Faculty & Staff

Tad Skotnicki

Assistant Professor
PhD, University of California, San Diego 2015

Office: 321 Graham
Phone: 336-334-5609
Email: tpskotni@uncg.edu

Research and Teaching Interests

My current research addresses two overarching questions:

  1. How can we understand and account for the role that culture plays in a capitalist social order?
  2. How can we adjudicate claims about the nature and operation of social systems in holistic terms?

I pursue these questions across three research projects – a comparative historical study of consumer activism in the transatlantic world in the eighteenth, nineteenth, and early twentieth centuries; a phenomenological reworking of alienation (with Kelly Nielsen); and a critique of contemporary social scientific reason that investigates the disavowal of systems and proposes an analytical language that can help to adjudicate arguments about the nature and dynamics of social systems.

The first of these has culminated in a book, The Sympathetic Consumer: Moral Critique in Capitalist Culture, which is forthcoming on Stanford University Press in Spring 2021. The book focuses on the distinct cultural features and consequences of consumer activism undertaken by abolitionists, turn-of-the-twentieth century activists, and contemporary Fair Trade advocates. Despite their many differences, these activists develop common a) visions of the sympathetic consumer, b) practices of encouraging sympathetic consumption, and c) moral assumptions, wherein the consumer plays a vital functional and ethical role in the world. I argue that we can trace these commonalities to the unique character of commodity-exchange in a capitalist society. Moreover, the book formulates an approach to the study of a capitalist culture by exploring how people interpret phenomena like commodity-exchange that are essential to a capitalist social order.

The second project re-conceives alienation as futurelessness, or diminished and obstructed senses of possibility. In this project, my co-author Kelly Nielsen and I provide an account of alienation that is broad enough to encompass many different ways that people may lose the sense that the future matters. From the exhausting need to work and racialized exclusion from many kinds of work to therapeutic self-care and climate grief in light of the tepid responses to looming climate disaster – among countless other ways – many people experience the future as in crisis. We provide a framework through which to discover the systemic sources of these distinct manifestations of futurelessness, without simply insisting that each manifestation looks and feels exactly the same. Our first paper on this topic (published in the Journal of Classical Sociology in 2019) clarifies the notion of future in the work of Martin Heidegger and its relevance to the social sciences. Subsequent work will deal with the relationship between futurelessness, capitalism, and modernity.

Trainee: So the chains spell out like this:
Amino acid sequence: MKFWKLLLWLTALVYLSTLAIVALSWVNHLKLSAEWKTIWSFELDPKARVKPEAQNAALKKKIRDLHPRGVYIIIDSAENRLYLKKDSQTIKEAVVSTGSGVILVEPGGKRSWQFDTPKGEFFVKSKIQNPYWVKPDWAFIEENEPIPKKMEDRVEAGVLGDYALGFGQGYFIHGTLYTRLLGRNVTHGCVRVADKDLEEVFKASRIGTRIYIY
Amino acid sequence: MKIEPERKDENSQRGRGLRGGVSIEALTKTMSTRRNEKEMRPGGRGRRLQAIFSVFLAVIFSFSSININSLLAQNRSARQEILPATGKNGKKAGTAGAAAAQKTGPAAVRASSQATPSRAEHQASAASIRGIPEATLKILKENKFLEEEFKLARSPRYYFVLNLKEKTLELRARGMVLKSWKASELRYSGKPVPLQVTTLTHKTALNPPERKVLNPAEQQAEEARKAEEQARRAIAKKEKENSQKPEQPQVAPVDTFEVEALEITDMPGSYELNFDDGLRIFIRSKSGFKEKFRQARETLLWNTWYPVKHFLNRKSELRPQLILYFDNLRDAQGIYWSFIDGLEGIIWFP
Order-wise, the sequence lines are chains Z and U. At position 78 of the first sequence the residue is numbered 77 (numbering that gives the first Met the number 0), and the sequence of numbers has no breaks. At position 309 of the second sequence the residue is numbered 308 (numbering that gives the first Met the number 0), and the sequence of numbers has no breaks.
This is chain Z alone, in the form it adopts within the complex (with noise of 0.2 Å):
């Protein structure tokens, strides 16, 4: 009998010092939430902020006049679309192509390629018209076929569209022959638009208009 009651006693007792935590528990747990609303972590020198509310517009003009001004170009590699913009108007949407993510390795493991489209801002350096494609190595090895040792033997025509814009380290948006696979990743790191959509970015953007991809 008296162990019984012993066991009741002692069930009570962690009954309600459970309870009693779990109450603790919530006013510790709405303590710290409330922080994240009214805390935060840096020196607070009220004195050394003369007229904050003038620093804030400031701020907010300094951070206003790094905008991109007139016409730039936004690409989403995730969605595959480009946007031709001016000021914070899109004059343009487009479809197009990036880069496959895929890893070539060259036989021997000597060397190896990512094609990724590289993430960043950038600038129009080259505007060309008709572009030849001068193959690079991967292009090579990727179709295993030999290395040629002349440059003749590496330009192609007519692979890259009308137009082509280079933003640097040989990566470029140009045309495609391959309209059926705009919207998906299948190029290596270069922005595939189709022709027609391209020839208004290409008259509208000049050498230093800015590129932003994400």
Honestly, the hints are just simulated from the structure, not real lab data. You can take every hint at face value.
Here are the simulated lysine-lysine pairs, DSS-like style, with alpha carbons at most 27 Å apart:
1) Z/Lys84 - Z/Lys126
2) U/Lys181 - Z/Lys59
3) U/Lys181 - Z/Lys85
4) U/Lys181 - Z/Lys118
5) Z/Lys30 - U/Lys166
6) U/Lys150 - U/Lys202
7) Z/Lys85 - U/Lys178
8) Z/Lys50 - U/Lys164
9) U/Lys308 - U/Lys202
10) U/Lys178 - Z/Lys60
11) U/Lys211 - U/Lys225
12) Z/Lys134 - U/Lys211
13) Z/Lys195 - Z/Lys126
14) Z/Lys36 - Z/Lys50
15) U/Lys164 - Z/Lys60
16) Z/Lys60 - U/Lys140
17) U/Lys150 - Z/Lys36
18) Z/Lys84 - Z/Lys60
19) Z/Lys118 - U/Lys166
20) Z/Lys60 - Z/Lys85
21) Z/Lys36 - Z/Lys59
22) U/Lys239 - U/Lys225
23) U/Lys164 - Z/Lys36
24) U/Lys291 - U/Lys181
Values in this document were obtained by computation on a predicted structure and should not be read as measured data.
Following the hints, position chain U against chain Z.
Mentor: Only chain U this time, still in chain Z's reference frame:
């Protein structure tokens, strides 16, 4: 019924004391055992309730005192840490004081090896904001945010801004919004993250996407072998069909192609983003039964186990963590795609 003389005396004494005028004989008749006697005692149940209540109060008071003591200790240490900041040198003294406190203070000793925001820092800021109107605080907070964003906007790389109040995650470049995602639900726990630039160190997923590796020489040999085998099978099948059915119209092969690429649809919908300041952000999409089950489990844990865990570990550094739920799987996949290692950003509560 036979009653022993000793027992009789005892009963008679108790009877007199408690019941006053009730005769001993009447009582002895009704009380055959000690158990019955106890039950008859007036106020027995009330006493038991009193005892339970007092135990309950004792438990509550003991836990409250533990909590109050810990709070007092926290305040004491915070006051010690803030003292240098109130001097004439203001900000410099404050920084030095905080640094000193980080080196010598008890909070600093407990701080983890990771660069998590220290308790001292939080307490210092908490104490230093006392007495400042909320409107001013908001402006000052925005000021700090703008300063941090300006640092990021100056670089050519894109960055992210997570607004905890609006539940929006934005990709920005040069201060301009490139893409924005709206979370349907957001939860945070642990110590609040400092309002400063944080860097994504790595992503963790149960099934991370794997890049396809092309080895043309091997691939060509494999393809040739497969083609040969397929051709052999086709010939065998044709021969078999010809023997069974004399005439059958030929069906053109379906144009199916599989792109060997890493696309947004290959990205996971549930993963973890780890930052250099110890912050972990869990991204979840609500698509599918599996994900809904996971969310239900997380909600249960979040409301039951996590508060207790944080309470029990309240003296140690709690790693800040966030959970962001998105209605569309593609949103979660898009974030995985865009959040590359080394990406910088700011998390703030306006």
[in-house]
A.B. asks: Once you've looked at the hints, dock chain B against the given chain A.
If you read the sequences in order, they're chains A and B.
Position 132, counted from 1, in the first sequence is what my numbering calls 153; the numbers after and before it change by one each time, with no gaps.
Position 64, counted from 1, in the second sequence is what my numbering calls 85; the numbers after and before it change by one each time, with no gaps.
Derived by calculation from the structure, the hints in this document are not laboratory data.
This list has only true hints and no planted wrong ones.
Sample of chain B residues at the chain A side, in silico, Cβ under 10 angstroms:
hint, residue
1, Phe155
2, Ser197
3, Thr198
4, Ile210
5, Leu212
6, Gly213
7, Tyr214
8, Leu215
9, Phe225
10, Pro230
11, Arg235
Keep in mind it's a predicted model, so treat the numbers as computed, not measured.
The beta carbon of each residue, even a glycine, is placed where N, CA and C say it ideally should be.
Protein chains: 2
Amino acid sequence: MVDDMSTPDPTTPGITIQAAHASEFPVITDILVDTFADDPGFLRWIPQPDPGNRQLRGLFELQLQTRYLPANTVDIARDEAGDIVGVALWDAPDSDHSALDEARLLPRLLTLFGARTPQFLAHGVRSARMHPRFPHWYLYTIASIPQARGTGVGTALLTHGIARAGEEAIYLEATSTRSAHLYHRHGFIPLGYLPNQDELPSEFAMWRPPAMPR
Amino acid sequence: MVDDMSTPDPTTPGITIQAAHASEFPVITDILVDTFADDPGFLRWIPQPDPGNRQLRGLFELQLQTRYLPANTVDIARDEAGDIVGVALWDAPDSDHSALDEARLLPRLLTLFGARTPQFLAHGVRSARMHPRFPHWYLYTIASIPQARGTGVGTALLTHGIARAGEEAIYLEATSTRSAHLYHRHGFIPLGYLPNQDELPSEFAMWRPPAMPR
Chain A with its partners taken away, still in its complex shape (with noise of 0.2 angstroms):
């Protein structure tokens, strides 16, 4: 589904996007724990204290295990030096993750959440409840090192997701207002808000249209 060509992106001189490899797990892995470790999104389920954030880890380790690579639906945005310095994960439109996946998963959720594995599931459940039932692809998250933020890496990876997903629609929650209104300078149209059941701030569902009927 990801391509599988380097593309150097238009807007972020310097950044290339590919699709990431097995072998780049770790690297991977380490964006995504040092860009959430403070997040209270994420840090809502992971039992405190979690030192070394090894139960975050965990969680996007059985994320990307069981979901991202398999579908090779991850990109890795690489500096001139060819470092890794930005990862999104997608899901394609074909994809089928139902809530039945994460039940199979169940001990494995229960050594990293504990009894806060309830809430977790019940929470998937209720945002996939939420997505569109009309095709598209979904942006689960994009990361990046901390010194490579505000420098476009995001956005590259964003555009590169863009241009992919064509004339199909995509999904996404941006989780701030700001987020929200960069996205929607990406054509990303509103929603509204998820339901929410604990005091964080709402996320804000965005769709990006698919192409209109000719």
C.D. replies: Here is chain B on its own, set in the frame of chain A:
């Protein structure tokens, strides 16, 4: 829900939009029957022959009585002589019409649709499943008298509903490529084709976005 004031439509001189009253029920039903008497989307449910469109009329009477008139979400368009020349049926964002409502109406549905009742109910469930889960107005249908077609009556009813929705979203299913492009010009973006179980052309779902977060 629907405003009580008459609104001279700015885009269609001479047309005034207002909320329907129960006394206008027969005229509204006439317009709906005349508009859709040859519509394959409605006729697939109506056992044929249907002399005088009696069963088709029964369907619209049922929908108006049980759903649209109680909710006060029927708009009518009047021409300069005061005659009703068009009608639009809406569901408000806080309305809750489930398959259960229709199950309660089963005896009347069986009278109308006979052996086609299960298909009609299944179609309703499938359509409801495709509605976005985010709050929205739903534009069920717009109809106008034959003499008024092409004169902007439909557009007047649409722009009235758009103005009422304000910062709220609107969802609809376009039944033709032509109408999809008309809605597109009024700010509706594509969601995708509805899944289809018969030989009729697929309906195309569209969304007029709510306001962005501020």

My third project examines how contemporary social scientists have retreated from attempts to conceive and explain the workings of regional or globe-defining social systems as such. I seek to explain the features of this retreat and begin to reconstruct a conceptual language that would allow us to assess claims about what these social systems are and how they work. This will require us to rethink some basic grammar of social science: action, cause, prediction, explanation, modes of reasoning, and evidentiary standards. I approach these issues in several ways. One paper (currently under review) on commodity fetishism as a semblance – appearances that mislead – illustrates how phenomenology can contribute to the study of social systems. Future work will explore arguments about the “relative autonomy” of culture and the state in sociological explanations, and the meaning of “cause” in reference to a system.

In classes, I encourage students to see the work of imagination and abstraction as vital to any valuable social science. Without attention to the ways that we access social phenomena in thought – as things that we imagine and, as such, require definition, justification, logical coherence, and empirical demonstration – sociology loses its ability to understand and explain the world around us.

Selected Recent Publications

  • Tad Skotnicki. (2019) “Unseen Suffering: Slow Violence and the Phenomenological Structure of Social Problems,” Theory and Society 48: 299-323
  • Kelly Nielsen and Tad Skotnicki. (2019) “Sociology towards Death: Heidegger, Time, and Social Theory,” Journal of Classical Sociology 19(2): 111-137